Chuuk

Chuuk (Truk Lagoon) is part of the Caroline Islands in the heart of Micronesia. Micronesia is a wreck divers paradise, suitable for both novice and experienced divers. The calm, clear, sheltered lagoon is relatively free from currents, providing safe, easy diving conditions. The lagoon hosts diverse marine life. Over 500 species of corals and close to 1000 fish species are known in these waters.

Overview

Chuuk Lagoon ( Truk)  is a wreck divers paradise, suitable for both novice and experienced divers. The calm, clear, sheltered lagoon is relatively free from currents, providing safe, easy diving conditions.

The Lagoon ocean floor holds an entire Japanese fleet frozen in time, where it sank in February 1944. Complete with sake cups and skeletons, jeeps and tanks tied on board, and fighter planes still waiting in their holds, the wrecks have been declared an underwater museum. These days the battle scars, WWII ruins and underwater wrecks attract dive enthusiasts to these remote islands. As the lagoon has been declared a monument, salvage and souvenir taking of relics are prohibited by law.

From their watery grave, these ghostly skeletons give shape to a unique underwater museum. Giant ships of war rest in eerie silence among bombs, torpedoes, guns, tanks, planes, telegraphs, china, bicycles, shoes, trucks and giant 18” warheads.

Nature and time have softened and transformed this graveyard into living shipwrecks of incredible colour and marine life. Brilliant soft corals in all colours, anemones, daisy corals and sponges now cling to rusted remnants of military glory and many species of tropical fish play amongst once lethal weapons.

The majority of wrecks lie off Dublon, Eten, Fefan and Uman Islands and represent the largest naval loss in history. Nowhere else in the world are there so many wrecks in close proximity, situated in shallow, clear water. Many of the wrecks are visible to snorkellers and there are many on-shore wartime locations to visit.

Micronesia has some of the most uniform year round temperatures in the world. Temperatures range between 21º and 32ºc, with the average daily temperature for all of Micronesia around 27ºc. Humidity is around 65-75%, with the lowest rainfall in winter, from January to March. Water temperature is practically bath-like, between 27-30ºc.

Dive Sites

SS Thorfinn

A live-aboard is the ultimate way to explore the wrecks of Truk Lagoon. The SS Thorfinn is a 58 metre steam powered vessel. Accommodating 22 guests in 11 air-conditioned state rooms, this ship offers comfort, relaxation, tempting food delights, and every safety consideration, provided by a crew of 21.

Each double cabin features vanities, multi system TV/VCR’s, indirect lighting, full length closets, queen sized beds with adjacent singles, bright carpeting with modern decors, and private facilities in most quarters.

There is plenty of fresh water, spacious aft lounge and sun deck, large hot water spa, E6 film processing, complimentary windsurfer and 2 dining areas.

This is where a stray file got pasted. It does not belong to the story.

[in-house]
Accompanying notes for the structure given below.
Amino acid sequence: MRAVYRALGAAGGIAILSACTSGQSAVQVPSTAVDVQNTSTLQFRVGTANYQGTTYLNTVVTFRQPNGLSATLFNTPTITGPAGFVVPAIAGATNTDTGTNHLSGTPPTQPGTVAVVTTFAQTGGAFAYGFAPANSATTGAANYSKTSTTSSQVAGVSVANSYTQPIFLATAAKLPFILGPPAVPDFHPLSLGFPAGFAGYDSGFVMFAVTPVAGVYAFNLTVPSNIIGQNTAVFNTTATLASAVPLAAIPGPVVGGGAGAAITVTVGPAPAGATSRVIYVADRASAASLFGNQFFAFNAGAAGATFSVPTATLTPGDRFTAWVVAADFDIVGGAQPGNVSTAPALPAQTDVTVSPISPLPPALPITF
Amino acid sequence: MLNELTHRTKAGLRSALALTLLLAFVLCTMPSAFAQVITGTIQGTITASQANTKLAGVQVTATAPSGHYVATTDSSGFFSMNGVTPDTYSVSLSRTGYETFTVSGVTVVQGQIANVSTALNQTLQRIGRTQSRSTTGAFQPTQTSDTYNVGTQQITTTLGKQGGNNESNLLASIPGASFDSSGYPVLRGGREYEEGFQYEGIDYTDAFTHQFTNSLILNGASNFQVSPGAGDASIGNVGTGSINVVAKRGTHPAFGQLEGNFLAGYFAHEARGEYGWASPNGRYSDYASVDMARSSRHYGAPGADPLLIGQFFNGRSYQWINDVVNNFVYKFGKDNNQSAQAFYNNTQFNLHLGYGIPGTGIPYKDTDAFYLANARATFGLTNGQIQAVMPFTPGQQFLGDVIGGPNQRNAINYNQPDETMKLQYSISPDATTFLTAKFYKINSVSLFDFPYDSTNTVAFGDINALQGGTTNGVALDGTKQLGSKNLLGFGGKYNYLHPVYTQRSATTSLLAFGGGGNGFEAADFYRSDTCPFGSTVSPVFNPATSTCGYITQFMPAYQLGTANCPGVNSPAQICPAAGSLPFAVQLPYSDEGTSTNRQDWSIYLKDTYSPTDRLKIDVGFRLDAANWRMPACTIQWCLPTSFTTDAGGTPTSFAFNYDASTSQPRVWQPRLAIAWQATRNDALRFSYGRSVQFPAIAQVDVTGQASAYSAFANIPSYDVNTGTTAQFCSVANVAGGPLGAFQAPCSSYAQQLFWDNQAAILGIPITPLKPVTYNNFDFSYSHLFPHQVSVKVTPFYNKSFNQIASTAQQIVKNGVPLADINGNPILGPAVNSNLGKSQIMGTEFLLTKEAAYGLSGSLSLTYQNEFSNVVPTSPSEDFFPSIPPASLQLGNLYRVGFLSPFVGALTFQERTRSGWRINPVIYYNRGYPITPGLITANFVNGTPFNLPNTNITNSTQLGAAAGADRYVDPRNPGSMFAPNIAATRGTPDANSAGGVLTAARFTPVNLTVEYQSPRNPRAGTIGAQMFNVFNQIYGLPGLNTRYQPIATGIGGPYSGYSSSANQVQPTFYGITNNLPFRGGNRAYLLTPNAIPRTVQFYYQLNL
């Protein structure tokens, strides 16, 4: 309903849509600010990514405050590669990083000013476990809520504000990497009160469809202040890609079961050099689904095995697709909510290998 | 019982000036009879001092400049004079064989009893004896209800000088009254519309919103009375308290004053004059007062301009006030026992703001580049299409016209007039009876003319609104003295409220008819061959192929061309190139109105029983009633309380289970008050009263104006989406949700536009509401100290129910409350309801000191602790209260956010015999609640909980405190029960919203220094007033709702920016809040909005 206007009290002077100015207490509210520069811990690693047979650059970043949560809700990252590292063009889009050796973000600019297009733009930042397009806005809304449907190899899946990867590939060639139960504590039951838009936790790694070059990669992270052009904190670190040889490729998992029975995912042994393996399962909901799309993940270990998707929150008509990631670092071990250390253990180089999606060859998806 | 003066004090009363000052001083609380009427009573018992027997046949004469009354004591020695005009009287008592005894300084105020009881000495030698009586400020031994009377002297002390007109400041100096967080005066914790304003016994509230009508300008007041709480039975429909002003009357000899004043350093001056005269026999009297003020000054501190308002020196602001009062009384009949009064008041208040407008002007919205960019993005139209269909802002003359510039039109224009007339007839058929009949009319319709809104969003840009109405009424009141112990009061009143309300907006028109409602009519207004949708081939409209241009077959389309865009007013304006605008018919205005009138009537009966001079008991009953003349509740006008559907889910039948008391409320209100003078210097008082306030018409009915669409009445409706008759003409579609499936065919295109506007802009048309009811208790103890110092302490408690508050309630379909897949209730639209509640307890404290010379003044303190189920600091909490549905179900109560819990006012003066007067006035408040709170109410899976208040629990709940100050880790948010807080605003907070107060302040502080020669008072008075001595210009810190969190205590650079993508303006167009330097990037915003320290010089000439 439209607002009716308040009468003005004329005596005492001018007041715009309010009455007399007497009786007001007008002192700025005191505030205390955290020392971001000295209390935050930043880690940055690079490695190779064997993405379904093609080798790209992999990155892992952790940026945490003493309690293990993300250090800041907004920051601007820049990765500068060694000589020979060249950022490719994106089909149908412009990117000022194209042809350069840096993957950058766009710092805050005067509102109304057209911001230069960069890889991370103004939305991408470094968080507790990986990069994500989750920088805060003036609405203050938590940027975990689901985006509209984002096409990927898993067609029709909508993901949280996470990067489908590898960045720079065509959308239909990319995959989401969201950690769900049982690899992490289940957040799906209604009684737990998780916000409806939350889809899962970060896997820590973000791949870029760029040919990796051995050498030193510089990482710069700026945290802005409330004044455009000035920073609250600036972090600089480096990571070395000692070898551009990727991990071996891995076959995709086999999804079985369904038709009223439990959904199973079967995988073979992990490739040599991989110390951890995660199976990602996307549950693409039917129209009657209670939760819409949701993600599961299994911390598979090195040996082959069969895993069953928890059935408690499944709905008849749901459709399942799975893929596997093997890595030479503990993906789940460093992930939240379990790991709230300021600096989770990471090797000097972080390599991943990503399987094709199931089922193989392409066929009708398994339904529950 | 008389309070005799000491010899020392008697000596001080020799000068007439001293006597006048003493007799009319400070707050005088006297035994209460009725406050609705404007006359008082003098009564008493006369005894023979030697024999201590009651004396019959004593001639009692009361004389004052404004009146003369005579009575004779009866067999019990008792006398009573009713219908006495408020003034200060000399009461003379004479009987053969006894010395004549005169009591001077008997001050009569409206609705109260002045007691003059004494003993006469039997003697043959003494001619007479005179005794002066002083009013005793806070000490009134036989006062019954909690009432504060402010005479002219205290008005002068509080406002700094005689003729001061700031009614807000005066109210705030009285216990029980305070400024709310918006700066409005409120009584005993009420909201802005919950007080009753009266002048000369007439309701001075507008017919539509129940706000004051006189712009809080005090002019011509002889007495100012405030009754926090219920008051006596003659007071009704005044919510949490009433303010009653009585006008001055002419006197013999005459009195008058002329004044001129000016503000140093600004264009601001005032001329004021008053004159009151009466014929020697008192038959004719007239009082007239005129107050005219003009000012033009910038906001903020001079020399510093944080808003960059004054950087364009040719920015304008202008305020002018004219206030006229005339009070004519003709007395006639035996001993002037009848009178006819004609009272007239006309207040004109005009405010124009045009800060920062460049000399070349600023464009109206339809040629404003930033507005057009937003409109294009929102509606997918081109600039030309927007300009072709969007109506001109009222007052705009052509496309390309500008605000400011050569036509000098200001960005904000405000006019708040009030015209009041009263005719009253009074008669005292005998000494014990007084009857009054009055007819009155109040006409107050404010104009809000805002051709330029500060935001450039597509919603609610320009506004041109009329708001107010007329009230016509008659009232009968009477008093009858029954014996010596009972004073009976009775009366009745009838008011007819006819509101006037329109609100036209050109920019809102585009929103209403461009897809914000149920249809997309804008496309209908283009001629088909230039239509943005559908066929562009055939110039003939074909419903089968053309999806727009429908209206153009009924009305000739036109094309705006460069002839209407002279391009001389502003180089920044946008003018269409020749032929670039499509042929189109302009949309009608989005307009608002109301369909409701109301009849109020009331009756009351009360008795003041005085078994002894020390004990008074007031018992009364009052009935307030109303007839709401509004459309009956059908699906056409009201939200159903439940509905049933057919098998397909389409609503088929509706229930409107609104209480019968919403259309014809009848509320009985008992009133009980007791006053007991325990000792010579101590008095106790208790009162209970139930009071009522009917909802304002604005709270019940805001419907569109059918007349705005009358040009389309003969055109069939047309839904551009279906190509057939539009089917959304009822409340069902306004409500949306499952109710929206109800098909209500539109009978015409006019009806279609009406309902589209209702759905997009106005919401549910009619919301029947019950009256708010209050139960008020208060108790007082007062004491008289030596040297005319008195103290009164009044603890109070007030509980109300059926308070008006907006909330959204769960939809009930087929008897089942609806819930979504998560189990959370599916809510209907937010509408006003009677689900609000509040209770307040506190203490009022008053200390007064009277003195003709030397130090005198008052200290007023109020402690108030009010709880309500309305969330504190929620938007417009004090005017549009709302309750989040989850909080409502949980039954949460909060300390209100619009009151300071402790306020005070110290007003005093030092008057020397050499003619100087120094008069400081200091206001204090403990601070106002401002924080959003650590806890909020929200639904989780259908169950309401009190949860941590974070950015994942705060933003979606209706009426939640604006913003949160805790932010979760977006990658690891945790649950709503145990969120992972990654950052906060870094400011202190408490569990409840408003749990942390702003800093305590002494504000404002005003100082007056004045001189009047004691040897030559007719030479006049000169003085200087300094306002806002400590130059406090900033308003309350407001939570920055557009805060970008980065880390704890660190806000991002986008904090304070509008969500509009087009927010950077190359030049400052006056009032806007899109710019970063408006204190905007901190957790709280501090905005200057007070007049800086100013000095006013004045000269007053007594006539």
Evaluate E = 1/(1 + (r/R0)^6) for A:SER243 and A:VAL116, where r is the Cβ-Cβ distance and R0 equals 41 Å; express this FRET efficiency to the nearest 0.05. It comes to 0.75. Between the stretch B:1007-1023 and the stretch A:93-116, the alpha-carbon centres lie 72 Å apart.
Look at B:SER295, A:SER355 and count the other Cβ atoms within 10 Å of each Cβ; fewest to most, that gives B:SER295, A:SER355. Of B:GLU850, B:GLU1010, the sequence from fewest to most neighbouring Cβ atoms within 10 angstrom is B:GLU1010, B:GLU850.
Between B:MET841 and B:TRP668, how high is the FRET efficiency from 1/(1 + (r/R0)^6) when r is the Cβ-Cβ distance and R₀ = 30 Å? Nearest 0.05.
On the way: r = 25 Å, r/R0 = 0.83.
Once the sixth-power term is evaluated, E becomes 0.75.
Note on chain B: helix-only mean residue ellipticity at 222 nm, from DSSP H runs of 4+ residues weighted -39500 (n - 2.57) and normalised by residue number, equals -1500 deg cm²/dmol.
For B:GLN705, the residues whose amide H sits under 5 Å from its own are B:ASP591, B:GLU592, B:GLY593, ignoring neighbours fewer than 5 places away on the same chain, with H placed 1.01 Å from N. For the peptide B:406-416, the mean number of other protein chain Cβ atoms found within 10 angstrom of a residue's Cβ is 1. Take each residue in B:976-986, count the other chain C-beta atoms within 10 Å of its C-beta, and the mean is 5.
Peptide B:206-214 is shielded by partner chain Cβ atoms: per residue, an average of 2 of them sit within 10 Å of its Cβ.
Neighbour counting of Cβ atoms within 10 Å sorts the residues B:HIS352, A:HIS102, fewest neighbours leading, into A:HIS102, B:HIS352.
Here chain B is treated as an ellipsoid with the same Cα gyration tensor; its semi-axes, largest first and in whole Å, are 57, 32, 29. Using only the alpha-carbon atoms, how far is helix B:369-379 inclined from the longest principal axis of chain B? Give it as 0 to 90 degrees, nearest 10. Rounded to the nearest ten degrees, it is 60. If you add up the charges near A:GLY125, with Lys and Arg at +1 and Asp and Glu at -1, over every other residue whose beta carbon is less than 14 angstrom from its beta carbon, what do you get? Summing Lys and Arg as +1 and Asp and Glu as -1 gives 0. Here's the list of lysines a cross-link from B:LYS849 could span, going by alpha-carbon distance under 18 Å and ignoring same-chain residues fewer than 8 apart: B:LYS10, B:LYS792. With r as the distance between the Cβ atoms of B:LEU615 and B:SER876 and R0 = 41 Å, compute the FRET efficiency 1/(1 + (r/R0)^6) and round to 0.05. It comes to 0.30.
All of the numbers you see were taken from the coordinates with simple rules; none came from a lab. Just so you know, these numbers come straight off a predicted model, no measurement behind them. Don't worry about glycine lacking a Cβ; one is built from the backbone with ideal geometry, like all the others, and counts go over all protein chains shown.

Two dive service areas eliminate congestion, providing each six person group with convenient valet systems of gear handling. Rinse tanks, deck showers, fresh towels and gear bins add to this facility.

The diving programme offers up to 4-5 dives per day with as many as 37 wrecks to choose from, so you could get up to 28-30 dives during 7 full days of diving. Included in your package are 3 dives per day. Extra dives can be prepaid. Dive tenders start departing from 8.00am with the last dive of the day at 8.30pm. Your experienced dive guide will maximise your diving by guiding you through the ship and pointing out the many highlights.

DIVE SITES: 37 wrecks to Dive
Some of the most popular wrecks in Truk are:

Fujikawa Maru
A 132 metre armed aircraft ferry with five holds, four of which are open. One of the most fascinating dives in Truk Lagoon. There are incomplete zero fighters in the number 2 hold, large deck guns on the bow and stern. Depth to deck is only 15 metres.

Submarine 1-169
Lying on its port side in about 38 metres of water, it is 92 metres long. During the April raid the submarine submerged to avoid damage. Unfortunately for those on board the valves were not closed during this manoeuvre and the sub sunk.

Shinkoku Maru
One of the most colourful and spectacular dives, this vessel is well preserved. Small guns are mounted fore and aft. The ship is upright in about 33 metres of water, 12 metres to the top of the bridge and 18 metres to the main deck.

Sutsuki Maru
A Destroyer, lying on it’s port side. Bow in 3 metres of water, stern with propellers at 15 metres. Gas masks and depth charges are still scattered on the deck.

Rio De Janeiro Maru
A 140 metre cargo vessel converted from a luxury passenger liner. The holds contain supplies ranging from beer bottles to guns and other military supplies. The ship is lying on its starboard side with its deck only 15 metres from the surface.

Best time to Dive

Diving is possible all year round, although the visibility varies.  Best visibility is from October to May when the northeast trade winds clear the plankton-rich water.  June through September is the rainy season and the calmest time of year.

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